Matt: Wings in 7. My upset special for the first round. Detroit has been ravaged by injuries all season, but their kids (Tatar, Nyquist, etc.) have helped fill in the holes quite admirably. With Henrik Zetterberg practicing and potentially nearing a return, things are looking up on the injury front. The same can’t be said for Boston, who’s already without some key bottom six forwards in Chris Kelly and Dan Paille, not to mention the questionable status of Patrice Bergeron.

Chris: I’m cheering for Motor City and wish them all the best in a long and glorious cup run. Bruins in 6.

J.J.: Wings in 6. I had a late pick in my playoff pool and lost out on all the Bruins who went early in the draft. I hope Datsyuk and Nyquist both have a big series.

Clay: Bruins in 6. They are hungry and right now the class of the East. Can’t believe I used the word class in describing these goofballs.

Tampa Bay Lightning vs. Montreal Canadiens

Victoria: Habs in 6. Sure they’ve got Steven Stamkos, but Habs have Pacioretty and most importantly Price. If he can channel his Olympic mojo, Bolts don’t stand a chance.

Matt: Habs in 7. My early nomination for the toughest series to call. The Bolts have been bolstered with the return of Steven Stamkos (11 goals in 20 games since his return), and provided goaltender Ben Bishop and forwards Valtteri Filppula and Ondrej Palat return for Game 1, should make for a tough test. Montreal is always a motivated club in the postseason, and Carey Price should have extra incentive after claiming the gold in Sochi.

Chris: Habs in 7. Il faut battre le fer pendant qu’il est chaud.

J.J.: Habs in 6. Ca-rey, Ca-rey, Ca-rey! PK and the Vanek-Desharnais-Pacioretty line aren’t bad either.

Clay: Habs in 7. The longer Bishop stays out, the better for Montreal of course. Intrigued by the young Palat and Johnson on Tampa Bay, but I think Montreal is deeper throughout the line-up.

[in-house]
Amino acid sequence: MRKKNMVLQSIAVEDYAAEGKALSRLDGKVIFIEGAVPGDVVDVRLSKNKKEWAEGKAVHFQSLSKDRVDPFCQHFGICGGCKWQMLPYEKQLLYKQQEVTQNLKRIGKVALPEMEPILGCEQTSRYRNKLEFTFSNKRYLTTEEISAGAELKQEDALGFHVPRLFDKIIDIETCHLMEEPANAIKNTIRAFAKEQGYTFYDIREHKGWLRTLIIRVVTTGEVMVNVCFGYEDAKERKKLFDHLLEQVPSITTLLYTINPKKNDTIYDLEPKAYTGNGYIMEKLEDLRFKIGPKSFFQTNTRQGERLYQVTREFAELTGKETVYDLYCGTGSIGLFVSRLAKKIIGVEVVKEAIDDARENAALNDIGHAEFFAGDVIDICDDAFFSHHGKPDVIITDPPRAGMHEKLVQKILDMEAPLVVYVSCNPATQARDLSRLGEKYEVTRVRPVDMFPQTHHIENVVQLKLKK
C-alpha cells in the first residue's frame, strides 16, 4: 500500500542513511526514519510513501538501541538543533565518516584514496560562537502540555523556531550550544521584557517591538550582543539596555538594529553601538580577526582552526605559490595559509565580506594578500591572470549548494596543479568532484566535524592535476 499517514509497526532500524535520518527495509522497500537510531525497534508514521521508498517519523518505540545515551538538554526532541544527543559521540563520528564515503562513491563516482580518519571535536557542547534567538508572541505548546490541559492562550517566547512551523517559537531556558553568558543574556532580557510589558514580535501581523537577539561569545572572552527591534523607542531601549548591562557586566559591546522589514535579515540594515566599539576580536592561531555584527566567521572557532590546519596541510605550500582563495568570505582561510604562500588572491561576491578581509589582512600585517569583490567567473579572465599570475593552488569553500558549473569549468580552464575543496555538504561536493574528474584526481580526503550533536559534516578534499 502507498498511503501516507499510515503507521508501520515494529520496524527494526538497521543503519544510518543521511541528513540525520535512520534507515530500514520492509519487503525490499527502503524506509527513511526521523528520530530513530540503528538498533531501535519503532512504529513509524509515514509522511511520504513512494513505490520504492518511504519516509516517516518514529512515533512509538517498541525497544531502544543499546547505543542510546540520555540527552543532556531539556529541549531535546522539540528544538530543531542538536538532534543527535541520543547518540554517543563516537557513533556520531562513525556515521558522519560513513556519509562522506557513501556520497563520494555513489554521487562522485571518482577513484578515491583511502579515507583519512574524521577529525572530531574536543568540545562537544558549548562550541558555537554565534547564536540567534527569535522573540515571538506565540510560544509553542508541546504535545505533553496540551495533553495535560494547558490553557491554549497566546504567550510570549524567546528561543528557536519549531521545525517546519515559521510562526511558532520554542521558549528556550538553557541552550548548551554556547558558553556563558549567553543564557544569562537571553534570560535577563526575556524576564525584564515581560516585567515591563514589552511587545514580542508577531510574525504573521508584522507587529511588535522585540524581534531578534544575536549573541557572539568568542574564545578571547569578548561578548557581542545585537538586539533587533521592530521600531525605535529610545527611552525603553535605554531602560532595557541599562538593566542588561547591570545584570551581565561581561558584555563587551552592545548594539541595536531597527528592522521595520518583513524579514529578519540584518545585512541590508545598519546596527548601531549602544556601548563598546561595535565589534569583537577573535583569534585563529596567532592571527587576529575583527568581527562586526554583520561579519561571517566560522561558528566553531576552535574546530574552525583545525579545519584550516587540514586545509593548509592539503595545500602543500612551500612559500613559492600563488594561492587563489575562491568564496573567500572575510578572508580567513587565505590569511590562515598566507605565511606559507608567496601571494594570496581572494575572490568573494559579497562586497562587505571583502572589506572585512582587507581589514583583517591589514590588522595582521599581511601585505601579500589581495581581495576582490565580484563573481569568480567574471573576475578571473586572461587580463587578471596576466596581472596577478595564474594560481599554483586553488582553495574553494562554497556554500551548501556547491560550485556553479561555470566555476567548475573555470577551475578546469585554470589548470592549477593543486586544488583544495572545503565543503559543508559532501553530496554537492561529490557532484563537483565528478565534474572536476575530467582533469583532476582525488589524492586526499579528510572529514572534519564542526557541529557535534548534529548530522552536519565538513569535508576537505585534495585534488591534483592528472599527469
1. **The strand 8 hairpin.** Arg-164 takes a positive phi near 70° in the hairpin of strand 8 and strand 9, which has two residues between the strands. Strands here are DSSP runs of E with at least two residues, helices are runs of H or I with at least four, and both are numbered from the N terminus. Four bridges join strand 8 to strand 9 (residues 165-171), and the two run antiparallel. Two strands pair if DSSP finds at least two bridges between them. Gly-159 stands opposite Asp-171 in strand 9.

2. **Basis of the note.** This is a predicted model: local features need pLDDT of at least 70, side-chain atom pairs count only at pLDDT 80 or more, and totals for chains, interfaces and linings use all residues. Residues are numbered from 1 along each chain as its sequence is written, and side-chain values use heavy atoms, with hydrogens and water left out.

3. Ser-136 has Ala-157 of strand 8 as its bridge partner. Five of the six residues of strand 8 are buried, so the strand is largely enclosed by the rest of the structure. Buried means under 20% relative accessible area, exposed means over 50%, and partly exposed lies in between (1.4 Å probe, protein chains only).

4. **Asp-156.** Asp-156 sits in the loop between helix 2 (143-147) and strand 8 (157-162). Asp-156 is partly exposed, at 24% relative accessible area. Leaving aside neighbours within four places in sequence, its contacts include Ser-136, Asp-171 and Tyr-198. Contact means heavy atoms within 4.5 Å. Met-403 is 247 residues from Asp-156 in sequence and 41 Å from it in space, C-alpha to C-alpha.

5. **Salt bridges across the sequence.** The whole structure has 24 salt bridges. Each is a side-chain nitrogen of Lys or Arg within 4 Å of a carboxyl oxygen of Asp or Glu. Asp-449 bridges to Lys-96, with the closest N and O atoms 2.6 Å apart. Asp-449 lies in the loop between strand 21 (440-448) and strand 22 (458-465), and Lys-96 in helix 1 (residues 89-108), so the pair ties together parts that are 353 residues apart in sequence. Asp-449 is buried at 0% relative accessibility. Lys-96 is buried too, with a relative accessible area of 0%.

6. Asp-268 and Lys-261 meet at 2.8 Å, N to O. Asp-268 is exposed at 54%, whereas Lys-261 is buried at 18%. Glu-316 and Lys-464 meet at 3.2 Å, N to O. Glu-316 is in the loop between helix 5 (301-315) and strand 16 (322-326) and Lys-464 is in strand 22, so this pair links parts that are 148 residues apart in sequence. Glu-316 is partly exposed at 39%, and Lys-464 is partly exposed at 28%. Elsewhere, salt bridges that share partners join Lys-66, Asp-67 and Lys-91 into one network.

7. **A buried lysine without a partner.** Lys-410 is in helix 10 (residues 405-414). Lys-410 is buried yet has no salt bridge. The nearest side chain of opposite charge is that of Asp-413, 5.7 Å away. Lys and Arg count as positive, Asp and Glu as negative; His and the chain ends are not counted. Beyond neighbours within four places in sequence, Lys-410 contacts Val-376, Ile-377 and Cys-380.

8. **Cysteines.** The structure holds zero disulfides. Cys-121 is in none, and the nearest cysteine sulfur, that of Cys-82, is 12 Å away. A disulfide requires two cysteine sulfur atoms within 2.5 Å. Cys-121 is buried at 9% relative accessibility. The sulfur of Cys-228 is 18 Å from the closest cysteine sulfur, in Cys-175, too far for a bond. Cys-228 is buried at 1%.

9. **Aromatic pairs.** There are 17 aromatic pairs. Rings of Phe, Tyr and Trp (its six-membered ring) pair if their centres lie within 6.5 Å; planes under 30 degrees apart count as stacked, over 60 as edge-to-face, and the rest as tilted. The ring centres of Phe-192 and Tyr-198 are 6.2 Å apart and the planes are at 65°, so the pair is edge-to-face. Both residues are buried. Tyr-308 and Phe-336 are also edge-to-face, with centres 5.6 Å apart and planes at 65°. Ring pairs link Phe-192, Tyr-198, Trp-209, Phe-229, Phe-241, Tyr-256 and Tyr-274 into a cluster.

Pittsburgh Penguins vs. Columbus Blue Jackets

Victoria: Penguins in 4. Fleury has learned his lesson and won’t meltdown… at least not this soon. And Crosby, Neal, Kuntiz and Malkin will make quick work of….of…. whoever plays on Lumbus.

Matt: Penguins in 6. Every NHL postseason, there seems to be that one scrappy, annoying team that defies all odds and just doesn’t seem to go down without a big fight. The Blue Jackets reek of a team that is – perhaps foolishly – motivated to show the rest of the NHL that they’re worth being called a playoff team. The franchise hasn’t won a playoff game before, and the feisty Jackets should be able to embarrass Marc-Andre Fleury for at least a game or two.

Chris: Penguins in 4. Have to feel good for the Blue Jackets for givin’ ‘er a good effort. Pens already have the brooms.

J.J.: Penguins in 5. The Blue Jackets couldn’t beat the Penguins in the regular season; unless playoff-mode Fleury makes an appearance, I really don’t think they’ll beat them in the playoffs either.

Clay: Penguins in 5. Too much firepower up front for Pittsburgh. Plus that Crosby guy.

New York Rangers vs. Philadelphia Flyers

Victoria: Flyers in 7. This, kids, will be the series to watch. It will be long and scrappy in my opinion. AV has the ability to guide a team through the playoffs, but the Rangers have the history of failing early. Flyers have something to prove after a really crappy start to the season. If Giroux can stop with the stupid hits he’s got a history of in playoffs, then Philly will scrape through.

Matt: Rangers in 7. Long live the King. Henrik Lundqvist has been sensational down the stretch, scraping together a .949 save percentage in his final five games and looking as good as he’s ever been. The Rangers’ success hinges largely on his shoulders, but something should be said about New York’s 25 road wins, which are best in the Eastern Conference. It’s hard to see the Rangers not stealing a game on the road.

Chris: Rangers in 6. Because you know the darkest timeline has AV leading the Rangers to the Cup, right?

J.J.: Rangers in 7. Only because it would be so Canuck-y for AV’s new team to have some post-season success immediately after being fired by the Canucks.

Clay: Rangers in 7. Better goaltending. ‘Nuff said.

Dec 312013
 

On one end of the rink was Steve Mason, whose career the entire NHL, save the Philadelphia Flyers, had left for dead. Much was made about his past poor performances, especially against the Canucks, seemingly forgetting that he’s actually been pretty damn good during the Flyers’ 15-6-4 surge prior to last night’s game.

On the other end was Tom Sestito, who was waived by those very same Flyers last season and then claimed by the Canucks, and has served as some sort of a whipping boy to Canucks fans ever since.

Both Mason and Sestito had lots to prove. And both delivered.

Mason stopped 41 of 44 shots, plus another 3 in the shootout, to keep his team in the game. Sestito scored a goal and was a pain in Philly’s side for most of the 5:45 minutes he was on the ice.

Guilty as charged.

Read more #TGATT goodness past the jump.

Dec 302013